Two out of five Americans are living on the edge of financial disaster, a study says.
More than 40 percent of Americans live paycheck to paycheck, according to a report in the Fiscal Times, which cites a study from consumer finance company Springleaf Financial, based in Evansville, Illinois.
The study found that 24 percent of consumers have less than $250 in the bank accounts and no reserves to handle unexpected costs.
The paucity of savings can be found at all income levels. Among people who make more than $200,000 a year, one in five say they rarely save.
“With rising costs and unexpected expenses, consumers may have a tough time making ends meet,” Dave Hogan, executive vice president of marketing and analytics at Springleaf, said in a statement cited by the Fiscal Times, an online publication owned by Peter G. Peterson, the former Secretary of Commerce and chairman of Lehman Brothers.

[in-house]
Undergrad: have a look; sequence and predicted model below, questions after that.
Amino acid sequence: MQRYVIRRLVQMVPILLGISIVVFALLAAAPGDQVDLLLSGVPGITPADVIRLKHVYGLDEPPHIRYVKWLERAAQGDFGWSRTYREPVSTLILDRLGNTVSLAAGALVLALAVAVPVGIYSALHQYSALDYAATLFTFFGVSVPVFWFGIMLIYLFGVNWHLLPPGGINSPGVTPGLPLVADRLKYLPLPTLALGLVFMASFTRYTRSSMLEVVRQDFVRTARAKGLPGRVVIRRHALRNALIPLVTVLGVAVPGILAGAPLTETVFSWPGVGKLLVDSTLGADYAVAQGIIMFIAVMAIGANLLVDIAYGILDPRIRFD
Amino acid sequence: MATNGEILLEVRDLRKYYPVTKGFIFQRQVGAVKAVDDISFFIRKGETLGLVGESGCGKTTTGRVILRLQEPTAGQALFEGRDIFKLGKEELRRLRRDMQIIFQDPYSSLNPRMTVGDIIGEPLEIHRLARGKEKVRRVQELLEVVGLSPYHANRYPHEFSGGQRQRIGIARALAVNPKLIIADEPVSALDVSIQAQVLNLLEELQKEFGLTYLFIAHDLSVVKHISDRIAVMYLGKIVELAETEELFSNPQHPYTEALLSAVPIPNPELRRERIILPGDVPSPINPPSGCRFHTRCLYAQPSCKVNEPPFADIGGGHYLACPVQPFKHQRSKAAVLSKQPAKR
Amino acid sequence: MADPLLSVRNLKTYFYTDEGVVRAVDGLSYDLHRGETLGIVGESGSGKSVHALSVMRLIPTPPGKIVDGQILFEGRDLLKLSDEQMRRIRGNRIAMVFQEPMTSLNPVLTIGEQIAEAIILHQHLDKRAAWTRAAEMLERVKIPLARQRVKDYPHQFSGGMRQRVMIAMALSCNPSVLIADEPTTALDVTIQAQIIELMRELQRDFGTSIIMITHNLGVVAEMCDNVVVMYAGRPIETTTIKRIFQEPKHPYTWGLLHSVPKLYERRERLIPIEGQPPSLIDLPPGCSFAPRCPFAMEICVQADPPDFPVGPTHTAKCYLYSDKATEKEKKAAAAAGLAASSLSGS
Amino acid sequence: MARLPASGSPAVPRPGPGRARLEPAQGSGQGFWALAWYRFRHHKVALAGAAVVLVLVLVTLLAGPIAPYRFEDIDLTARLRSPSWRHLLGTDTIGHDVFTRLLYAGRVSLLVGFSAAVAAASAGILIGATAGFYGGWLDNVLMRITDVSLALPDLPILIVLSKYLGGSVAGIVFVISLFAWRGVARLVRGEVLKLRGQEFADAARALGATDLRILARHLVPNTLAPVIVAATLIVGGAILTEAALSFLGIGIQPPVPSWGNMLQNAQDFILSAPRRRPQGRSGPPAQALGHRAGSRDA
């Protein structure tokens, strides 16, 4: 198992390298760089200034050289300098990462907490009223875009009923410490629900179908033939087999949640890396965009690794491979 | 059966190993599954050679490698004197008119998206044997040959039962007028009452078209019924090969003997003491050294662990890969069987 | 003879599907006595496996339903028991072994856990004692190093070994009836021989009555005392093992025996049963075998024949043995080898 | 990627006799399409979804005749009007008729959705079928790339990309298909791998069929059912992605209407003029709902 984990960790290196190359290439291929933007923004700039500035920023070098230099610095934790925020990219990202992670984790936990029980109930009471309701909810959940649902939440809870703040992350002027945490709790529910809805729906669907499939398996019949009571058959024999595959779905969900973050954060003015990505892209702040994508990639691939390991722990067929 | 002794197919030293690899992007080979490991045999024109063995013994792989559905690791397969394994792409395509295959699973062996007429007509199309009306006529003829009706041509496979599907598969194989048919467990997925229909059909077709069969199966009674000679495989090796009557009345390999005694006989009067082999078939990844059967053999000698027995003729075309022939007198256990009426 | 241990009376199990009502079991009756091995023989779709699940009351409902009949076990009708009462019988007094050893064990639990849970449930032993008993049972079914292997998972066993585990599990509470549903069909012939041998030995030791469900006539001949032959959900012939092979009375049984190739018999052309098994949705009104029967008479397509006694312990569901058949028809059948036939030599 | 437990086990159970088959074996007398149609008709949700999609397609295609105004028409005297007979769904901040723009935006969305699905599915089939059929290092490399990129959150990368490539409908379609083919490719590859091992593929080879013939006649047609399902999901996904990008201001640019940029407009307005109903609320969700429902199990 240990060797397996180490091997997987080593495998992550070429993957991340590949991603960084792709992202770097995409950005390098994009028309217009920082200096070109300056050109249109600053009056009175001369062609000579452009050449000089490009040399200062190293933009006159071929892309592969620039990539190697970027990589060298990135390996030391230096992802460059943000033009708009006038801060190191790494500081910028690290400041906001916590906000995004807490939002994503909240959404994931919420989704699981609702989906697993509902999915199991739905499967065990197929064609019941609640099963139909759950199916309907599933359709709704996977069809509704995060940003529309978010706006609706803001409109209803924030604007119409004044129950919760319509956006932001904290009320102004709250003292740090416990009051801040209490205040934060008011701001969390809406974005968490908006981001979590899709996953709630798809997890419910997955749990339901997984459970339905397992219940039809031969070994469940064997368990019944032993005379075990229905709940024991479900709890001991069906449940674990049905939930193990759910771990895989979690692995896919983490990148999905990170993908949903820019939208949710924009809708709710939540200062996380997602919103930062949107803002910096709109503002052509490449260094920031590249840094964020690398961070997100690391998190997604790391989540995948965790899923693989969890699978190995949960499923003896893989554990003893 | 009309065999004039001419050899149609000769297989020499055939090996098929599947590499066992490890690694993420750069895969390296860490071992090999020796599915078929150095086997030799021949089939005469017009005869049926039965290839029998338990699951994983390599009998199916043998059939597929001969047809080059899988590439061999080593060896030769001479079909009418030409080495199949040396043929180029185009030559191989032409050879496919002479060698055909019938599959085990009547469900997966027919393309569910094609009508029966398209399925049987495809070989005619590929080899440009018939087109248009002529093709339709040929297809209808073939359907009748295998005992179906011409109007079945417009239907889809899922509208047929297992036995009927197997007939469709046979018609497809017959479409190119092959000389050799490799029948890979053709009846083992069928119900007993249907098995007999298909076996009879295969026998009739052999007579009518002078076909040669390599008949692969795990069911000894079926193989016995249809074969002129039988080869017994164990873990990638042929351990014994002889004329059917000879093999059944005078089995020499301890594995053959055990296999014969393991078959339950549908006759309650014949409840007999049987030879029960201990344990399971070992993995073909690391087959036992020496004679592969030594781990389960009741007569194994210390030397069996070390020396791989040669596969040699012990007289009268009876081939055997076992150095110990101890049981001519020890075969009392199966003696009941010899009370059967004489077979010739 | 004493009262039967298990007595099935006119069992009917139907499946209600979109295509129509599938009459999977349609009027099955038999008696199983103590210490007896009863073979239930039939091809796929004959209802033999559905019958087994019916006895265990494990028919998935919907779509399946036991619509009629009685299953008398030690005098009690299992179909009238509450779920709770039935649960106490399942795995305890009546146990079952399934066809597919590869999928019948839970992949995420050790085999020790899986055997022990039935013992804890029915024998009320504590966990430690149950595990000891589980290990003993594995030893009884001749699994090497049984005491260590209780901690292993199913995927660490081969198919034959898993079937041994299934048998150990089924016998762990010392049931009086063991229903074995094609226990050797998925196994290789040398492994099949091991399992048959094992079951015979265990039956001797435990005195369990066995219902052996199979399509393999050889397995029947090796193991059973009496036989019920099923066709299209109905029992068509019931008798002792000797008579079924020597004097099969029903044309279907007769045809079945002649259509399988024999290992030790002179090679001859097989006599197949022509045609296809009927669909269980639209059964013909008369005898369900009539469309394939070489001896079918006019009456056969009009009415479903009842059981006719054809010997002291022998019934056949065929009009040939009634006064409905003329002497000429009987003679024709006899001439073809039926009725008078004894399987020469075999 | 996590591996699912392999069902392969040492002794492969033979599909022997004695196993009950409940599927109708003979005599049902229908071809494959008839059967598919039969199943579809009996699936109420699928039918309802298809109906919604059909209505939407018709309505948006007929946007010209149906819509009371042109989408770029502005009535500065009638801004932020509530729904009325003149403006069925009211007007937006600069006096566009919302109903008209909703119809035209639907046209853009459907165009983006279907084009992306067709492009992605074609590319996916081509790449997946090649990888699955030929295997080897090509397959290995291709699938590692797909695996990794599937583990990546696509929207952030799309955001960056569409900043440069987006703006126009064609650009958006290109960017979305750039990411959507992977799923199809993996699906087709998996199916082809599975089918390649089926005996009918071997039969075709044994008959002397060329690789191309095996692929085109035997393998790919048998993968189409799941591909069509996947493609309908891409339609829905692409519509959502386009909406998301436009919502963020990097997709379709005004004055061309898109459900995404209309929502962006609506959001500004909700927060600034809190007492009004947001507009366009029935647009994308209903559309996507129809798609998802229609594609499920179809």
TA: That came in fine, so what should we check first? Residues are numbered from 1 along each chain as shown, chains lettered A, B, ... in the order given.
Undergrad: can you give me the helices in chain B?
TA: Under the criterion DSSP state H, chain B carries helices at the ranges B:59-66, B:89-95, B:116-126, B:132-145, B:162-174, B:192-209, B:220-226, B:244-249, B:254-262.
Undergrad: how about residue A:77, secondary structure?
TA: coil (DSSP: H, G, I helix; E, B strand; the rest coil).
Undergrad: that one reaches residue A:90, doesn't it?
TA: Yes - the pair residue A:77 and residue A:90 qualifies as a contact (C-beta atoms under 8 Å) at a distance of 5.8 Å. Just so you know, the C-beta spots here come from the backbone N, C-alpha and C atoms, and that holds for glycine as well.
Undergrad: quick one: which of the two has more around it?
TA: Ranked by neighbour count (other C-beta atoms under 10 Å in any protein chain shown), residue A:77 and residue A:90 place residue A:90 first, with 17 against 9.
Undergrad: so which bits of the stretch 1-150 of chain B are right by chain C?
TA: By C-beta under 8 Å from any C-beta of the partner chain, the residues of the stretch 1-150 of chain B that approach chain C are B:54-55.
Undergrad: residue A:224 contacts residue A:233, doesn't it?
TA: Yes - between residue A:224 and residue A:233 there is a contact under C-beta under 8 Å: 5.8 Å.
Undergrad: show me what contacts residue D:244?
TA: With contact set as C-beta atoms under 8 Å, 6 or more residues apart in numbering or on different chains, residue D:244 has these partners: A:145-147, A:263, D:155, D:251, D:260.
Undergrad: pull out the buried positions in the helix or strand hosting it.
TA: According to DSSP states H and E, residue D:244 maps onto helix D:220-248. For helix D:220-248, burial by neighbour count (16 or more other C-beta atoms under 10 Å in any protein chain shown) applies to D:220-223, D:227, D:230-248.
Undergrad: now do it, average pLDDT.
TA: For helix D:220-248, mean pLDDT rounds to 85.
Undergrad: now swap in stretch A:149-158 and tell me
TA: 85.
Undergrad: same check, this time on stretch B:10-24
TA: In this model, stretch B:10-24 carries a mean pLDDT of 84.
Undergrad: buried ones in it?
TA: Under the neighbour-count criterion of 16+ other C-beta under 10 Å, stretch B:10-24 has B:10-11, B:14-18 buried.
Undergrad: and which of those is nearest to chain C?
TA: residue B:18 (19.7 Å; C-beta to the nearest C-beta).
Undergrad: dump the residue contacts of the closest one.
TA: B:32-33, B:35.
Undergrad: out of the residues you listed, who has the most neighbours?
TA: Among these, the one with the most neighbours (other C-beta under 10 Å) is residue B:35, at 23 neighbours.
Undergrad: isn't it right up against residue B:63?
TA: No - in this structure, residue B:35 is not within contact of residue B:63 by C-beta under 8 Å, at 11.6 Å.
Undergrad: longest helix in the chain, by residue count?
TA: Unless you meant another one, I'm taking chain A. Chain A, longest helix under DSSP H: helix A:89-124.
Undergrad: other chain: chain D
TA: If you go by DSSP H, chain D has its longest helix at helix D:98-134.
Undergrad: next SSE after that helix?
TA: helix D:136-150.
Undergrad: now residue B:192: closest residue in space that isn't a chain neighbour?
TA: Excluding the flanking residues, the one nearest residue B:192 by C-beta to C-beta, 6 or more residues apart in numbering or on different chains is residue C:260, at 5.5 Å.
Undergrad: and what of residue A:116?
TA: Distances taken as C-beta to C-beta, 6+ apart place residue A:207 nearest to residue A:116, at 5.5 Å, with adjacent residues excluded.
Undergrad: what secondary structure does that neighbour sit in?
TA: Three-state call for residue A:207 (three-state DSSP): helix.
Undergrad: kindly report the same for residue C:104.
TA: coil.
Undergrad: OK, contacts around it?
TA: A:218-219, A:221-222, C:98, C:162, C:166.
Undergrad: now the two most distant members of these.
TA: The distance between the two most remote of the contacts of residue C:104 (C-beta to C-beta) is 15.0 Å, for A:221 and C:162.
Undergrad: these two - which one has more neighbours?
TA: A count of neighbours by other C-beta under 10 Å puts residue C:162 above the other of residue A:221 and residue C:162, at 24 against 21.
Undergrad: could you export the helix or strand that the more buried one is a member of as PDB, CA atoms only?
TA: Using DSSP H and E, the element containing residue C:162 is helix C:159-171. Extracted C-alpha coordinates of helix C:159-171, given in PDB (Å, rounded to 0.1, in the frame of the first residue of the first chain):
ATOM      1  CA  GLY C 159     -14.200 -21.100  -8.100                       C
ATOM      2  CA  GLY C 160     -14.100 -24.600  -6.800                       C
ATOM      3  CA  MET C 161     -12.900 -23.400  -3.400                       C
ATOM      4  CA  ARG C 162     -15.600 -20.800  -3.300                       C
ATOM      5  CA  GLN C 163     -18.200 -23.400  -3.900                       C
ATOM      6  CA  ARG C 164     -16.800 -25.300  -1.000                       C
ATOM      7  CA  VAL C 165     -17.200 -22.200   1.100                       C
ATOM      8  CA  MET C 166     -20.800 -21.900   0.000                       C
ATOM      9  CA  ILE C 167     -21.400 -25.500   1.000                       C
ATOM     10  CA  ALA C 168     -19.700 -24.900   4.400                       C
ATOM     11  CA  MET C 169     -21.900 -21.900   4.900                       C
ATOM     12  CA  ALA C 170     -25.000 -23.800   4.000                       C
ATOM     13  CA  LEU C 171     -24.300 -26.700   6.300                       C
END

The Springleaf study said Americans’ lack of savings is partly due to poor financial skills, with 20 percent of respondents saying they would rather go to the dentist than spend half an hour learning money management.
Younger generations also aren’t saving money, according to CNNMoney, which cites a report from Moody’s Analytics that studied the financial habits of people younger than 35.
The study found that the savings rate of Millenials fell to a negative 2 percent, which means they are spending more money than they have.
Younger generations are struggling with hefty student debt, stagnant wage growth and limited job prospects.
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